Such thinking was not just during Job’s time. We see that assumption thousands of years later during the time of Jesus. In John 9, the disciples saw a man born blind and asked, "Who sinned, this man or his parents, that he was born blind?” (John 9:1). The question is not whether there was any sin behind his being born blind. That is taken for granted. Their question was, “WHO sinned?” It is also obvious that it must not be his own sin, because he was born blind, and a person cannot sin before he is born. Also, Jewish theology does not believe in reincarnation, which would allow one to assume sin in a previous life. So they have to assume that it must be his parents’ sin. But one thing is for sure: he could not have received this punishment if there was no sin involved, whether his own or his parents’ sin.
For Job’s friends, there are two reasons for assuming Job’s sinfulness and his troubles as a result of some sin in his life. One is the principle of cause and effect. In Hindu theology, the principle of cause and effect is so airtight that the person has to suffer consequences, good or bad, for anything he does, for many lives to come. So the pain in a person’s life is an effect connected with the cause: some sin, either in this life or in some previous life. Although Jewish theology does not believe in reincarnation, it does allow this cause and effect relation with sin and its consequences. The reasoning is this: God punishes sin. The person is seemingly punished, and so he must have sinned. In Hindu theology, and also in most of the other religions, forgiveness of sin is not available, and so this is a logical argument.
The second reason for assuming a person’s sin is man’s attempt to plead God’s case and to clear Him of any wrongdoing. This is especially true of Job’s three friends. The argument is, “If God is bringing all these troubles on Job without him having committed any sin, that would not be just, and a righteous and holy God cannot do anything that is unjust.”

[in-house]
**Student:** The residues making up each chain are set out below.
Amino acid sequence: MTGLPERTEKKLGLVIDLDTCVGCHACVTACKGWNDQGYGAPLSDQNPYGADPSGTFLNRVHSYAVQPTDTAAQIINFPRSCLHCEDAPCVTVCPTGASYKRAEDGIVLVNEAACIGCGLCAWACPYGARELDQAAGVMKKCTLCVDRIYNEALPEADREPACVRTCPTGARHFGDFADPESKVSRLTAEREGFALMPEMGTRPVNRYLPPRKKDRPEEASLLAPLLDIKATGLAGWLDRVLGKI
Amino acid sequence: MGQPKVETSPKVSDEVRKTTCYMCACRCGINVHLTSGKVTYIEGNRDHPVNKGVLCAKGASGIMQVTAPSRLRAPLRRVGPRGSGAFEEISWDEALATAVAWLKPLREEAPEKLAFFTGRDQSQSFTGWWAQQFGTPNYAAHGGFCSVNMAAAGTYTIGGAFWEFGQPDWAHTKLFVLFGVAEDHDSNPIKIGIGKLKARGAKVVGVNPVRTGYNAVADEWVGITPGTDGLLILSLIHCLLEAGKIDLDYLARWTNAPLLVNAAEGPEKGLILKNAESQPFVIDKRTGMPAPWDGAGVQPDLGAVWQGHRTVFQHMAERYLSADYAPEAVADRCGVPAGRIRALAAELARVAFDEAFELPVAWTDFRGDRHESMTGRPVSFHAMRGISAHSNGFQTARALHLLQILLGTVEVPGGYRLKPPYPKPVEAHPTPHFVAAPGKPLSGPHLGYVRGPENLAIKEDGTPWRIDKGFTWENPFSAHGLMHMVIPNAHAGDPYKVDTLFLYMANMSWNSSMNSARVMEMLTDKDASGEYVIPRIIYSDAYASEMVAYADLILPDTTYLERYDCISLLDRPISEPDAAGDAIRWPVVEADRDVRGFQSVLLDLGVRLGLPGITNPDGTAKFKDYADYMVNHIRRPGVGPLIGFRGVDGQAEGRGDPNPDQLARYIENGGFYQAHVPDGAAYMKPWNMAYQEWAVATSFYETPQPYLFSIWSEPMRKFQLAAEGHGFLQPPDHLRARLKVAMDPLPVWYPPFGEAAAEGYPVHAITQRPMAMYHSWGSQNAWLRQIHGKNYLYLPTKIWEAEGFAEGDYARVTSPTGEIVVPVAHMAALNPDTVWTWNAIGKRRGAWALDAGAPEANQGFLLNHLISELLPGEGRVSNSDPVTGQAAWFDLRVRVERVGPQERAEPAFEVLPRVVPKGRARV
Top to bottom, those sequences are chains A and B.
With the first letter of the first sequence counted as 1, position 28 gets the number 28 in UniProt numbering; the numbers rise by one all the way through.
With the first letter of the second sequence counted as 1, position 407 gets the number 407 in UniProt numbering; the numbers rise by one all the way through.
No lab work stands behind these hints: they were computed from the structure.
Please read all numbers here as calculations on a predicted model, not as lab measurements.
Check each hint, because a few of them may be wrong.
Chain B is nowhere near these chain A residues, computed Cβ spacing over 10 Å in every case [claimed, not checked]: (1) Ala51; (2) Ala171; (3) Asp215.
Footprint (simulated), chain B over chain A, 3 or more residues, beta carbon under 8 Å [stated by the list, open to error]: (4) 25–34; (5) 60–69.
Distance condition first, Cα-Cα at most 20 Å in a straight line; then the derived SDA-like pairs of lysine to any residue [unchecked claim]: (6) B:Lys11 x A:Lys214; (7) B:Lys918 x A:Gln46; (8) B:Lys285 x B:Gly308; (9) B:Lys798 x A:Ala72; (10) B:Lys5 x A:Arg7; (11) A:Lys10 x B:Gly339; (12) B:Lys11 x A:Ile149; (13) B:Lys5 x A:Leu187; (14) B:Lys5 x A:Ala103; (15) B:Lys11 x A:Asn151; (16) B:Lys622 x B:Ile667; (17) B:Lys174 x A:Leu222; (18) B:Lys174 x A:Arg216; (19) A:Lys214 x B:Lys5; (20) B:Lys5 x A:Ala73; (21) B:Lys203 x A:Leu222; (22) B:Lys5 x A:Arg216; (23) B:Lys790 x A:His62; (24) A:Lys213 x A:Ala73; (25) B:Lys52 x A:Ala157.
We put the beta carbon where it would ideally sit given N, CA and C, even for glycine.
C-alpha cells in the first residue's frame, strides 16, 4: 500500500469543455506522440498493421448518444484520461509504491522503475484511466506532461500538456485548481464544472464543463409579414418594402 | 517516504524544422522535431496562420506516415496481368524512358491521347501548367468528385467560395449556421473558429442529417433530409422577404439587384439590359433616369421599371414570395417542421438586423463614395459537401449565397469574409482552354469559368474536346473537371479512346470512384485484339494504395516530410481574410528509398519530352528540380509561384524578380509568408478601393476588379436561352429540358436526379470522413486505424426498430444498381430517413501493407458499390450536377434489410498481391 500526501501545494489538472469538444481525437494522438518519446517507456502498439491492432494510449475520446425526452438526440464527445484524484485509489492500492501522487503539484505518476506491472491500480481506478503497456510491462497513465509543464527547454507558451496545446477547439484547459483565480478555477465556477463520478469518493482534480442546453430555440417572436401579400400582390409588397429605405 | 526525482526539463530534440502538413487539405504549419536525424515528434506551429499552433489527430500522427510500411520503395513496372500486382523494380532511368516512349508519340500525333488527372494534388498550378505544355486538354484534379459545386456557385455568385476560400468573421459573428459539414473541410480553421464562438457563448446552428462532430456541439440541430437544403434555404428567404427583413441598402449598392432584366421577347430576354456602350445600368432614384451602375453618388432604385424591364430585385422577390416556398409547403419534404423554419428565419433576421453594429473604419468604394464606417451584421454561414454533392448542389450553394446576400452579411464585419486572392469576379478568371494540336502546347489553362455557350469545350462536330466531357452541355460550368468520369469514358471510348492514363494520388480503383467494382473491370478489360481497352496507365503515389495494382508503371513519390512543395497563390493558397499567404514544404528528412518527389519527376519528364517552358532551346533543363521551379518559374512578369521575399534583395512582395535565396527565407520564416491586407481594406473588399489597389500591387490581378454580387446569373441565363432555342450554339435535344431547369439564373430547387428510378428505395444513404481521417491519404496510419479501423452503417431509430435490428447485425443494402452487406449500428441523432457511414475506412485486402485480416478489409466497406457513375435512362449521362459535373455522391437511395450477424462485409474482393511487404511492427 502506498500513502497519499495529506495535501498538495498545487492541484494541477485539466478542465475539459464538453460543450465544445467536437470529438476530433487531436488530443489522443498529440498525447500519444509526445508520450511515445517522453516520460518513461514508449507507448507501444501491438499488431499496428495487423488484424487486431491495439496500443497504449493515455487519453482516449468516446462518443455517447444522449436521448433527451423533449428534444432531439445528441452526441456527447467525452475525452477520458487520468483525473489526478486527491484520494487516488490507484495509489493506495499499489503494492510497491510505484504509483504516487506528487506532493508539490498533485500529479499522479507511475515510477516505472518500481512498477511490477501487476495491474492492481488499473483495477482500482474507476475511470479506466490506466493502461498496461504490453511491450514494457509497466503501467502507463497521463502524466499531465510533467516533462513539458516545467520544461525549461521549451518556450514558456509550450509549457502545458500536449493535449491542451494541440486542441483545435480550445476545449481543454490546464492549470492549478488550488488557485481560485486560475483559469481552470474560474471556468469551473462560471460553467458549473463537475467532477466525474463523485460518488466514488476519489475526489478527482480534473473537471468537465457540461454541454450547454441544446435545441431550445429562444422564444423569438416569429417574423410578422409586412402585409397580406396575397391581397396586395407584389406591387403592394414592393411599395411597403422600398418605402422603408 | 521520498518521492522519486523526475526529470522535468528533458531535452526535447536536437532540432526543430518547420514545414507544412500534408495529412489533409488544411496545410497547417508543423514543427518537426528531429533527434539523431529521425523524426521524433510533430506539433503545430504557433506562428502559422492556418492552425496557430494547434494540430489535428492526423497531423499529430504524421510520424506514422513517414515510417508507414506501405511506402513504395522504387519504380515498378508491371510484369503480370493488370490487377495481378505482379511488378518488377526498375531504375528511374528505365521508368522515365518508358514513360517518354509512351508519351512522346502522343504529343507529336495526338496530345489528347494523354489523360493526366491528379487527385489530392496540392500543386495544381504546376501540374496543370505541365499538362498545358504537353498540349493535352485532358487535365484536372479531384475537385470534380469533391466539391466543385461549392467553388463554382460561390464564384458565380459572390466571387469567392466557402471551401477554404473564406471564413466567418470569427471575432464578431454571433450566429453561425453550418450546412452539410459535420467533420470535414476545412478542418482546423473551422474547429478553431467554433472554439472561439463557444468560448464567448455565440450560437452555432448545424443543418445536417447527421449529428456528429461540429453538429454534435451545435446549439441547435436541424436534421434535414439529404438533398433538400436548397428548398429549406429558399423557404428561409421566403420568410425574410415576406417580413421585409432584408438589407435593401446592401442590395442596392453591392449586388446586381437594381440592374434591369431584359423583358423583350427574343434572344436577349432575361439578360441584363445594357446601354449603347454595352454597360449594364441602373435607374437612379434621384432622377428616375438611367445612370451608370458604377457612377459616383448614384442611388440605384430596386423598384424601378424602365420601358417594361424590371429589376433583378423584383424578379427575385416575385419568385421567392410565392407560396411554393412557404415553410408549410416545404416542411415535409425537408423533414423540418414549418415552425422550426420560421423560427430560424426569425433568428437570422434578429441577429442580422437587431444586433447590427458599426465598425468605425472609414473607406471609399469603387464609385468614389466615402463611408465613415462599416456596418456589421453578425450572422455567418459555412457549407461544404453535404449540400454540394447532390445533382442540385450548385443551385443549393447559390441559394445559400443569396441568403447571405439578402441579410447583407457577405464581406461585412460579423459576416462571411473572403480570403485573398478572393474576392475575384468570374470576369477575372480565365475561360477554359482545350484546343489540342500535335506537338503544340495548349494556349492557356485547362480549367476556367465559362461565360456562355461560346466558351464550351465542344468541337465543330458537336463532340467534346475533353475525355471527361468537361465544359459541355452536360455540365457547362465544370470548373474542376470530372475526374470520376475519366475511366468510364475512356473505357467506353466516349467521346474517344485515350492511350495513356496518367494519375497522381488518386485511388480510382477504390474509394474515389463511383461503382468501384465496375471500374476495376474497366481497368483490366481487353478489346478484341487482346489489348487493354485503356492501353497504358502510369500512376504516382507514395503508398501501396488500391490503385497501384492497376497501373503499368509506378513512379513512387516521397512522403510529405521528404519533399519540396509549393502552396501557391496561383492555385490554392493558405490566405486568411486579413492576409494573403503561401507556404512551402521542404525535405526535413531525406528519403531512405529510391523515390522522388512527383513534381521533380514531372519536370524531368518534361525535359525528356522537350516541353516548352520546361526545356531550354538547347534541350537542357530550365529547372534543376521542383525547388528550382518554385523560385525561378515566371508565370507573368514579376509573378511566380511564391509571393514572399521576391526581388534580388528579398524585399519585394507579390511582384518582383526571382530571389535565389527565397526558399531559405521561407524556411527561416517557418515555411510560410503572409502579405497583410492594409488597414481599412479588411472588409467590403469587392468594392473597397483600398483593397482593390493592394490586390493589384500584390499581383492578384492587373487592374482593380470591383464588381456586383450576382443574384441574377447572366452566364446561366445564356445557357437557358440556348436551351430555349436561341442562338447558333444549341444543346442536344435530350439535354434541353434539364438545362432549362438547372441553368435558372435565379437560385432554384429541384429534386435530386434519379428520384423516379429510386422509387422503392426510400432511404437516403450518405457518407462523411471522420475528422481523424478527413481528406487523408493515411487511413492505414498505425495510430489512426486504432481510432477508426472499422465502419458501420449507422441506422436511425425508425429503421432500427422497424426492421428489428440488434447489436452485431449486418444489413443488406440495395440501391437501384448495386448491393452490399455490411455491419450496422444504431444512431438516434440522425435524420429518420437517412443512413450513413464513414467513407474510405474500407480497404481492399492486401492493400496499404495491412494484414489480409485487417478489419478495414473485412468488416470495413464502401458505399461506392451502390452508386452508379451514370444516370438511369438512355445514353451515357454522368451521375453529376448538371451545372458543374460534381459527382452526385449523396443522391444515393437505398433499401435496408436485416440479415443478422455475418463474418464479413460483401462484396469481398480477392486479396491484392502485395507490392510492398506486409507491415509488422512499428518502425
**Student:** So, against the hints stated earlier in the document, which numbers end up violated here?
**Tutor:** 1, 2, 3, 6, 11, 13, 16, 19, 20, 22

Bildad follows this thinking when he raises this question:
Does God pervert justice? Does the Almighty pervert what is right? When your children sinned against him, he gave them over to the penalty of their sin. But if you will look to God and plead with the Almighty, if you are pure and upright, even now he will rouse himself on your behalf and restore you to your rightful place (8:3-6).
The logic is clear, however faulty. God punishes sin and rewards righteousness. If the person is punished, he must have sinned. If you want to be rewarded, you must repent, and then you will be reassured. God follows a particular justice system: “Surely God does not reject a blameless man or strengthen the hands of evildoers” (8:20).
Elihu, who is on a much higher plane than Job’s other three friends, has the same argument:
Far be it from God to do evil, from the Almighty to do wrong. He repays a man for what he has done; he brings upon him what his conduct deserves. It is unthinkable that God would do wrong, that the Almighty would pervert Justice (34:10-12).